The benefits go beyond cultural and financial to ecological as well. Due to the trees which have been planted on the upland, the soil erosion has reduced which has lessened the damage to the crops. There is a claim that the plants have resulted in better microclimate in the area, more water percolation, and provision of more significant forage, which helps in soil fertility.
In many rural areas of India, goat rearing has always been part of the tradition. The demand for meat is also immense which provides the opportunity for investing. However, the farmers struggle as the mortality among goats is high (more than 20% of adults and 30% of young ones). Having less knowledge of modern practices, no insurance and vaccination/medication facilities available, makes goat rearing not a lucrative business. In order to make goat rearing a successful business model, PRADAN started providing training on maintaining goat health, medications, vaccinations, and on building sheds for goats.
In some areas PRADAN also developed Goat Trusts to provide different services like vaccination, Deworming and castration which would overall improve the mortality of goats.
The establishment of a trust facilitated a secure link to the market. A robust value chain (vaccination and final product) was also taken care of. There was secured supply of finances as well which motivated the last mile workers (like Paravets and Pashu Sakhis or Friend of animals) to continue their job.
Gumla Goat farmers service and Welfare Trust is one such institution that was established to promote goat rearing and income of the people. As part of the initial study, they conducted a preliminary market analysis to understand the supply demand and wholesale price for the goats. It was decided that if the market analysis deemed feasible, the plan and vision will be co-created with the community so that it is taken up easily by them. The establishment of the Trust has opened up vacancies for at least 50 members for the organisation along with numerous shareholders. Their financial system involves charging nominal registration fees and service fees based on the service demanded. By allocating a certain percentage of profits for the future, they are ensuring financial stability which will in turn help in creating a resilient sector in the long run.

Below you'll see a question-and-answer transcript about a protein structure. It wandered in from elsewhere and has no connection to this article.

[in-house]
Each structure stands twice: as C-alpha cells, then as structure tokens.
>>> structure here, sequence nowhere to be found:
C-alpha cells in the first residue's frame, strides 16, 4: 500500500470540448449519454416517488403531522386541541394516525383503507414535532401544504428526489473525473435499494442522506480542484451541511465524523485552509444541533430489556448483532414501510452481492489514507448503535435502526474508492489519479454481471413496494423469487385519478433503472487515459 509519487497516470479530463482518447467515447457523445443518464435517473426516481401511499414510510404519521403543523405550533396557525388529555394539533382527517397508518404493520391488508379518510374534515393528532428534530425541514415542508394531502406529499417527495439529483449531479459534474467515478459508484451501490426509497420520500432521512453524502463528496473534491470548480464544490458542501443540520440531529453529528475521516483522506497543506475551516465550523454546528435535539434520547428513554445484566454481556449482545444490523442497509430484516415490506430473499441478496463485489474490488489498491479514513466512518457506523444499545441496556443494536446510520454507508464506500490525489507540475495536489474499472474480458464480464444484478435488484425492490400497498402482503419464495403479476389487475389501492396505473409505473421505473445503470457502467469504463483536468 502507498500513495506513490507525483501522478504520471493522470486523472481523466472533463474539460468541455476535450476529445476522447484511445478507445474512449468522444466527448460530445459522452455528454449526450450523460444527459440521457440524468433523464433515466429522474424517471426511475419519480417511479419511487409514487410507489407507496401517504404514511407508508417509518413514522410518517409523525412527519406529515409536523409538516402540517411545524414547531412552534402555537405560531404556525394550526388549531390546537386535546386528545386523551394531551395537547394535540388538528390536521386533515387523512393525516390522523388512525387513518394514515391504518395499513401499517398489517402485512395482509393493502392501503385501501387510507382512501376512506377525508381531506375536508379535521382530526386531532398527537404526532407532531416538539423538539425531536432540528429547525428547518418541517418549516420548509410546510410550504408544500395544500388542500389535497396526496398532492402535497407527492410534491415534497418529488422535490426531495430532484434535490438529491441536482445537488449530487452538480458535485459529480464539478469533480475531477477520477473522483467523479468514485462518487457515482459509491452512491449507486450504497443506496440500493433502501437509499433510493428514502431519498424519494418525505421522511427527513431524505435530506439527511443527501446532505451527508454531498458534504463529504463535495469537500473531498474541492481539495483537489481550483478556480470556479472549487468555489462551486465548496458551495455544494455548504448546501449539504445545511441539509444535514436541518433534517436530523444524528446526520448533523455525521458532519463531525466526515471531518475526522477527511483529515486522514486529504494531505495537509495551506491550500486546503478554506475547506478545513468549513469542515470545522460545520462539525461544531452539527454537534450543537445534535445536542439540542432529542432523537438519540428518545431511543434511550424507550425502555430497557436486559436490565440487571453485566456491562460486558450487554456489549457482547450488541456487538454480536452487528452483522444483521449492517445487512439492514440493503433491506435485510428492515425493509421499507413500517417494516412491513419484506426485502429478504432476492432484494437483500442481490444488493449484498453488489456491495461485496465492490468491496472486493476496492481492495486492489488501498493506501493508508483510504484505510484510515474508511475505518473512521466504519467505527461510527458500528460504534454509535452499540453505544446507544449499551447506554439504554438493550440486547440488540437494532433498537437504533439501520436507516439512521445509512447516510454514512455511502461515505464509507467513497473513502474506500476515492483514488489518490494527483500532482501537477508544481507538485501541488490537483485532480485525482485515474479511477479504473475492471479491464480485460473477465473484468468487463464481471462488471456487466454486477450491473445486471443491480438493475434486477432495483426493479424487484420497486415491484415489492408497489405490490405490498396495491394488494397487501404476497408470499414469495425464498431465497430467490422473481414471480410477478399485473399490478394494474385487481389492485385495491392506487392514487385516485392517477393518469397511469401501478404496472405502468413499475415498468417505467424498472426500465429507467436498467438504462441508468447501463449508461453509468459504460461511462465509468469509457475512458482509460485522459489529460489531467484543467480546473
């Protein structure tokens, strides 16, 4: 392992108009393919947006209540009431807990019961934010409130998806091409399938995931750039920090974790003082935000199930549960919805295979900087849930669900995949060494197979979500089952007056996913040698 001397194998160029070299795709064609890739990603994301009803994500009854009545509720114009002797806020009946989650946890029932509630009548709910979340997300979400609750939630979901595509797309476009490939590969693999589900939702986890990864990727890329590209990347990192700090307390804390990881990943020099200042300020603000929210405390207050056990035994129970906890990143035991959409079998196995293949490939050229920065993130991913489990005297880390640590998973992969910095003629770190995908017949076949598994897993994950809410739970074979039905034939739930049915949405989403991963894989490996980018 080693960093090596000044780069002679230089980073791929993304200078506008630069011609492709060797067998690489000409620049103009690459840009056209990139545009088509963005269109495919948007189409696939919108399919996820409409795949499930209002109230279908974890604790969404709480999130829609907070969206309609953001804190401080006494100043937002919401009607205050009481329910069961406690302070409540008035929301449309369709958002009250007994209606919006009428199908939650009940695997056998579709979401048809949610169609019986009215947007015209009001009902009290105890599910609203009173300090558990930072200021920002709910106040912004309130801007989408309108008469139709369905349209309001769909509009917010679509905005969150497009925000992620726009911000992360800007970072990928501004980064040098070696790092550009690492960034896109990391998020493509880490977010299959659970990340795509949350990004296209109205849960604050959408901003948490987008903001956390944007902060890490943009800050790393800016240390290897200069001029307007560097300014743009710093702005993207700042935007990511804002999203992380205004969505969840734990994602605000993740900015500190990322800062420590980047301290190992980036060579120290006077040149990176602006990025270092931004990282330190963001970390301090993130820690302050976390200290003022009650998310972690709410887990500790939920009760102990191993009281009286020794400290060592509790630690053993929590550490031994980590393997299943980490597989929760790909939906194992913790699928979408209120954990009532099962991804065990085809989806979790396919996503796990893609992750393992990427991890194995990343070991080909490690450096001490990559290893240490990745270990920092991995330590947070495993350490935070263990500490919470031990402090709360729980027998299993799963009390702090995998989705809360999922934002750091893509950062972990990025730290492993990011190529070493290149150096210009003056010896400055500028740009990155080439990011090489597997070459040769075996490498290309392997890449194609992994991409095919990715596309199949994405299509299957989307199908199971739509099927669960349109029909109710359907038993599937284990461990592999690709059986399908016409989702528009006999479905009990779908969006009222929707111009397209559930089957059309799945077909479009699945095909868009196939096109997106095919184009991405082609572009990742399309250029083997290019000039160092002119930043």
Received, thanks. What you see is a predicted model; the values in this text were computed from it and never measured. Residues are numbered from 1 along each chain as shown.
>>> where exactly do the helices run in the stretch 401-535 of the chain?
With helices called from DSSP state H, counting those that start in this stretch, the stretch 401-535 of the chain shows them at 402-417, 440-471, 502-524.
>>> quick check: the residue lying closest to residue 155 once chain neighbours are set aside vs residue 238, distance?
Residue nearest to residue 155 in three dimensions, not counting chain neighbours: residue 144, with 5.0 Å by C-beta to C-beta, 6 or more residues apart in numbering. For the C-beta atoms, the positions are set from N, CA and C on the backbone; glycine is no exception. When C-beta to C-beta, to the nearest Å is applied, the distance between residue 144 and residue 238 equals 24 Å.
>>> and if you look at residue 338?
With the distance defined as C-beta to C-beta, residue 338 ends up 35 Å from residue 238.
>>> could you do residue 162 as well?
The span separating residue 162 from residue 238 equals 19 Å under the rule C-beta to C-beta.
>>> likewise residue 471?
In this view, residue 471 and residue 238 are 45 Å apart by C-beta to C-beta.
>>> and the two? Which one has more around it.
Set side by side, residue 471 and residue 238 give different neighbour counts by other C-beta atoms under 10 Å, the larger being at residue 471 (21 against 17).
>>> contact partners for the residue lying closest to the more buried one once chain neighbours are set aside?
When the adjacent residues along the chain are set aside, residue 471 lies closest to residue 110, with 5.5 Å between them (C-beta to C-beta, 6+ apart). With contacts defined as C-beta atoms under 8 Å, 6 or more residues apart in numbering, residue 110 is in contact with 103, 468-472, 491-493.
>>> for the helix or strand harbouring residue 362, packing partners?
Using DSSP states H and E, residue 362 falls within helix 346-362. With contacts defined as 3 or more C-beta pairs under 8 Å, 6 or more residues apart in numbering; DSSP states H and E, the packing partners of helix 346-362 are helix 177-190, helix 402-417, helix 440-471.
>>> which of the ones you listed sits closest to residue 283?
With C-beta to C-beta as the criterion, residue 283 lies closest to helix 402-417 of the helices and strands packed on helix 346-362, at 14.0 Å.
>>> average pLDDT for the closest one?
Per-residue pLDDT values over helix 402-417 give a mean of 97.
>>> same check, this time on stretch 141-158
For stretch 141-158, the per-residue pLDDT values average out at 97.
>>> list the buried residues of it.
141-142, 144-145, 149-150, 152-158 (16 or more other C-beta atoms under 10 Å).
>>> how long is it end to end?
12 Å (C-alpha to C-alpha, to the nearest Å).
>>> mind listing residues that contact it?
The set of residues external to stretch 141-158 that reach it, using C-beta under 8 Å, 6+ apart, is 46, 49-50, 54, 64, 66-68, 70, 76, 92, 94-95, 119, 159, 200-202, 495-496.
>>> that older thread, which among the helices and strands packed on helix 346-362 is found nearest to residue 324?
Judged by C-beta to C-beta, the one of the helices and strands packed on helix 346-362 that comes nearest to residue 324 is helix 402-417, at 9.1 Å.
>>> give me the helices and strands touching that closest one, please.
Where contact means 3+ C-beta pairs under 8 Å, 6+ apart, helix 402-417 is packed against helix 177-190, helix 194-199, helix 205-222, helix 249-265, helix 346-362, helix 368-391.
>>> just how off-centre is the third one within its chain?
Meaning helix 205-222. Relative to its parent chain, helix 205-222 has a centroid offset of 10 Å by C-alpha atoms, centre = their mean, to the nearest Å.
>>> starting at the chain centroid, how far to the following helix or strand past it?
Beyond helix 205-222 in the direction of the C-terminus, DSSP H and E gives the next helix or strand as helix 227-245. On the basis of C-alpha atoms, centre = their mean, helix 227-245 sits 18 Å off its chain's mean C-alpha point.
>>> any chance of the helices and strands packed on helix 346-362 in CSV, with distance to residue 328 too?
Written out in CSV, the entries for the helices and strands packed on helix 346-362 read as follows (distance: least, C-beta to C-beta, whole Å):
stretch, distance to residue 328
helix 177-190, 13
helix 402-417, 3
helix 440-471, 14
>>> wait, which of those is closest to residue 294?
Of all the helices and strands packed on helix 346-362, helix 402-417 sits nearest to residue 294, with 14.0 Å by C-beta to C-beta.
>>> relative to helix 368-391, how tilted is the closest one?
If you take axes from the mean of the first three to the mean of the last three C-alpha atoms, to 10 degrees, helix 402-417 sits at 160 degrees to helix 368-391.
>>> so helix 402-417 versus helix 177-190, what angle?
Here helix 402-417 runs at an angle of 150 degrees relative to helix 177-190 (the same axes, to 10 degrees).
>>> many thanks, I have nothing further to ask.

The idea behind developing these local economic sectors is to create an economy that is robust and resilient- something that is not dependent on outside forces to sustain itself.The aim is to create a circular stream of income generating opportunities (both farm and non-farm) that will create social and financial assets as well as employment openings. It is important that for the local economic development strategy to go right, the focus should be placed on fostering a culture of innovation, creativity and entrepreneurship. There should be better accountability in relation to economic planning and strategy as well as a good understanding with regards to growth, development and quality (McInroy and Longlands, 2010).
McINROY, Neil, and Sarah Longlands. “Productive local economies: creating resilient places.” CLES-Centre for Local Economic Strategies: Manchester, UK (2010): 5-28.